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United States Department of Agriculture

Agricultural Research Service

Research Project: BIOLOGICALLY BASED WEED MANAGEMENT: FUNDAMENTAL RESEARCH ON DORMANCY AND THE GENETICS OF WEEDS Title: The effects of temperature, photoperiod, and vernalization on endodormancy and flowering of leafy spurge

Authors
item FOLEY, MICHAEL
item ANDERSON, JAMES
item HORVATH, DAVID

Submitted to: Weed Science Society of America Meeting Abstracts
Publication Type: Abstract Only
Publication Acceptance Date: January 9, 2009
Publication Date: February 1, 2009
Citation: Foley, M.E., Anderson, J.V., Horvath, D.P. 2009. The Effects of Temperature, photoperiod, and Vernalization on Endodormancy and Flowering of Leafy Spurge [Abstract]. Weed Science Society of America Meeting Abstracts. #46.

Technical Abstract: The herbaceous perennial weed leafy spurge (Euphorbia esula) reproduces by vegetative and sexual means; characteristics that are key to its persistence and survival. In this study, we examined environmental effects on dormancy and flowering under controlled conditions to further validate field observations and set the stage for the future identification of molecular mechanisms involved in dormancy and flowering regulation by transcriptome analysis. Shoot cuttings were exposed to different combinations of decreasing temperatures, decreasing photoperiods, and vernalization in growth chambers. Subsequently, shoots were removed and regrowth and flowering from new shoots were monitored in a warm temperature greenhouse under long-day conditions. Vernalization alone has no effect on regrowth and flowering. The plant required decreasing temperature followed by vernalization for rapid regrowth and flowering. Decreasing photoperiod at a constant temperature with or without vernalization had no significant effect on regrowth and flowering. In conjunction with previous field research, the results suggest that a gradually decreasing temperature is required as one of the components for flowering competence and vernalization is determinate for reproductive development under long-day conditions.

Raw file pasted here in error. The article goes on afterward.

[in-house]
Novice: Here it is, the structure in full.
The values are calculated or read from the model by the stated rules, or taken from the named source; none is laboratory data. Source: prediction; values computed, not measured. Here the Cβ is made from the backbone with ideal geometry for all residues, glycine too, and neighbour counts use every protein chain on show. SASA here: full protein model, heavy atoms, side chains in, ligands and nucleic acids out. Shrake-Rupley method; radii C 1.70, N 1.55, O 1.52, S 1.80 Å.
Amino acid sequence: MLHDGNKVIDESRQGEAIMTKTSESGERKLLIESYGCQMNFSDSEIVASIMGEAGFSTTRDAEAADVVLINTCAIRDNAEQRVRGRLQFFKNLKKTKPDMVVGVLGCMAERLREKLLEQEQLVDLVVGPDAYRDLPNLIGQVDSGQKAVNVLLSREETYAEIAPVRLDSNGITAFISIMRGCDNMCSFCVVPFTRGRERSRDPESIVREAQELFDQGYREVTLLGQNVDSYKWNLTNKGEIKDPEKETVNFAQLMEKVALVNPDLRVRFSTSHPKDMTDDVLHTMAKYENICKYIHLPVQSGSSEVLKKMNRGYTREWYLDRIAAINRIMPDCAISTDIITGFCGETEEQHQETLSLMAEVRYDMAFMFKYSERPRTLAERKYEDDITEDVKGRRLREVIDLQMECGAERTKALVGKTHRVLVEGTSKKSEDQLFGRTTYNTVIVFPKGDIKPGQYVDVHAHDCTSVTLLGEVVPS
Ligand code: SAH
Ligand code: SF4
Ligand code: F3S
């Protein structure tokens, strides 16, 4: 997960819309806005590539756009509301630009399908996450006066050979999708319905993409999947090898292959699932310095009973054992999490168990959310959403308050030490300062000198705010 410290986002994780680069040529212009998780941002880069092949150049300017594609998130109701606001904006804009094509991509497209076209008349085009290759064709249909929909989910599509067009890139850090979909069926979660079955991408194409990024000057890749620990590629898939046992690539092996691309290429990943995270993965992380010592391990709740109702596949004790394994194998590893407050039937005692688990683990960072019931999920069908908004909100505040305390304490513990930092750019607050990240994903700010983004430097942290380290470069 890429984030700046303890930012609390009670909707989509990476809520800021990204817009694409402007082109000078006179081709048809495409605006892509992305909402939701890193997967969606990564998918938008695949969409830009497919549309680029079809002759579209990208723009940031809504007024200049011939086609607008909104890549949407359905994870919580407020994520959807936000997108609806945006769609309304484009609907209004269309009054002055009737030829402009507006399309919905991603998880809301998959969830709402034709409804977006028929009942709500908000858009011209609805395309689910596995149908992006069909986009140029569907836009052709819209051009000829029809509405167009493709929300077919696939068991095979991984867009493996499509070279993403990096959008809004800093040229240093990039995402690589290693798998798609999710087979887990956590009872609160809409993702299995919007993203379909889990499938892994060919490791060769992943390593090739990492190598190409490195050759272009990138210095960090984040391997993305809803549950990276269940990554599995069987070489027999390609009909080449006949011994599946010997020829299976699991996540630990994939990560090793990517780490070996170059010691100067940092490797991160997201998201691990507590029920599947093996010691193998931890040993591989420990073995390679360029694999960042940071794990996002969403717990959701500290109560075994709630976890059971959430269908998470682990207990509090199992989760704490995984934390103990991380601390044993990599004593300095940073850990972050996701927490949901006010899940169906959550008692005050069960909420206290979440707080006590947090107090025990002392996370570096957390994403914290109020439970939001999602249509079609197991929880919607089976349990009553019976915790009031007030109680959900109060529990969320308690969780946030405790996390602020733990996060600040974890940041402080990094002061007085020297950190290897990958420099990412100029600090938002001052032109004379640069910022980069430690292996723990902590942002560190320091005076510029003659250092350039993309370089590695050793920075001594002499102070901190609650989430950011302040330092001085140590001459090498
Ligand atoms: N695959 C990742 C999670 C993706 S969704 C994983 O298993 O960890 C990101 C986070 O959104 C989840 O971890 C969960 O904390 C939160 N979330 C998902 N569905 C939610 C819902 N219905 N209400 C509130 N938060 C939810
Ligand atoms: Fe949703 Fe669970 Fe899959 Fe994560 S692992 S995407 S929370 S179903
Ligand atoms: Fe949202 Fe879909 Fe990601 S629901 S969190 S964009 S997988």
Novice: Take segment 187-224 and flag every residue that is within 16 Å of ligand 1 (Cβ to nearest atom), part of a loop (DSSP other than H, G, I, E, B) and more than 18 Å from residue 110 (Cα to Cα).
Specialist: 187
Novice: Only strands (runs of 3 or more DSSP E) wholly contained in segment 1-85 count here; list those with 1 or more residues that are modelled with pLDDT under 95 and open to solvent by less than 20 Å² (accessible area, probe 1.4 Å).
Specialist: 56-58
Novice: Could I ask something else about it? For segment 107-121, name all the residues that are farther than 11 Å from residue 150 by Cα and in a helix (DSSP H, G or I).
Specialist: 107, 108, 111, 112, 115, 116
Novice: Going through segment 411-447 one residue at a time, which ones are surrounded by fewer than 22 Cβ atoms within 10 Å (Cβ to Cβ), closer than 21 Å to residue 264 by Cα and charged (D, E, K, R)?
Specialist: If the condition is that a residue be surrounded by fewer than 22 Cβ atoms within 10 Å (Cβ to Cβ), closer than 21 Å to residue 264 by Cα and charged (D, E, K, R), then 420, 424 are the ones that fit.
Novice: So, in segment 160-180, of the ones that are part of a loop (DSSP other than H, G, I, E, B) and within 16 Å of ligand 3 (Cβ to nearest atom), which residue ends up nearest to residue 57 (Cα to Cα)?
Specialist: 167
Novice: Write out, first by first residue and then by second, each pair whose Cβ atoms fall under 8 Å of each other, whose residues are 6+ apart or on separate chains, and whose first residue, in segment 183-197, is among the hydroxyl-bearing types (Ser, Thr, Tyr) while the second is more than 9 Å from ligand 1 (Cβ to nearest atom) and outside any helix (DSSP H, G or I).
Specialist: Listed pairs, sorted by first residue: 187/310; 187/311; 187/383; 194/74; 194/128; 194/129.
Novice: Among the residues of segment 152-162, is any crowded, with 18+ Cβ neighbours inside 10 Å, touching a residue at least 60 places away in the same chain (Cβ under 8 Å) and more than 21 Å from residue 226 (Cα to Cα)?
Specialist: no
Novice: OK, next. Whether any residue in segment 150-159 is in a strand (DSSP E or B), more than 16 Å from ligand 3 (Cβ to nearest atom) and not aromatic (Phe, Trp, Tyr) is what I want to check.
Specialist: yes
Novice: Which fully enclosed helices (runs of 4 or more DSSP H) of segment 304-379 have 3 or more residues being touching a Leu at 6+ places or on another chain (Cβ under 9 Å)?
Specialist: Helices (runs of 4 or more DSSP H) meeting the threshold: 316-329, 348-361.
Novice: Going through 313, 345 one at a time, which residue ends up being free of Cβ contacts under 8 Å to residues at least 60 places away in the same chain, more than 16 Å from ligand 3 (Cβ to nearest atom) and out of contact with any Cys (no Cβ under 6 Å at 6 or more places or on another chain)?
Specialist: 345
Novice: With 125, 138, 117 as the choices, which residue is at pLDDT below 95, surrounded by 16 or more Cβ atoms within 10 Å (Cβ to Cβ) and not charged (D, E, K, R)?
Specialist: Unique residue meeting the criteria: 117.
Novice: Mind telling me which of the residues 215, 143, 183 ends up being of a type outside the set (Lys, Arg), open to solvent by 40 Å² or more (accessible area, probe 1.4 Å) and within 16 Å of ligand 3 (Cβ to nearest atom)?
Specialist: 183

Last Modified: 9/10/2014
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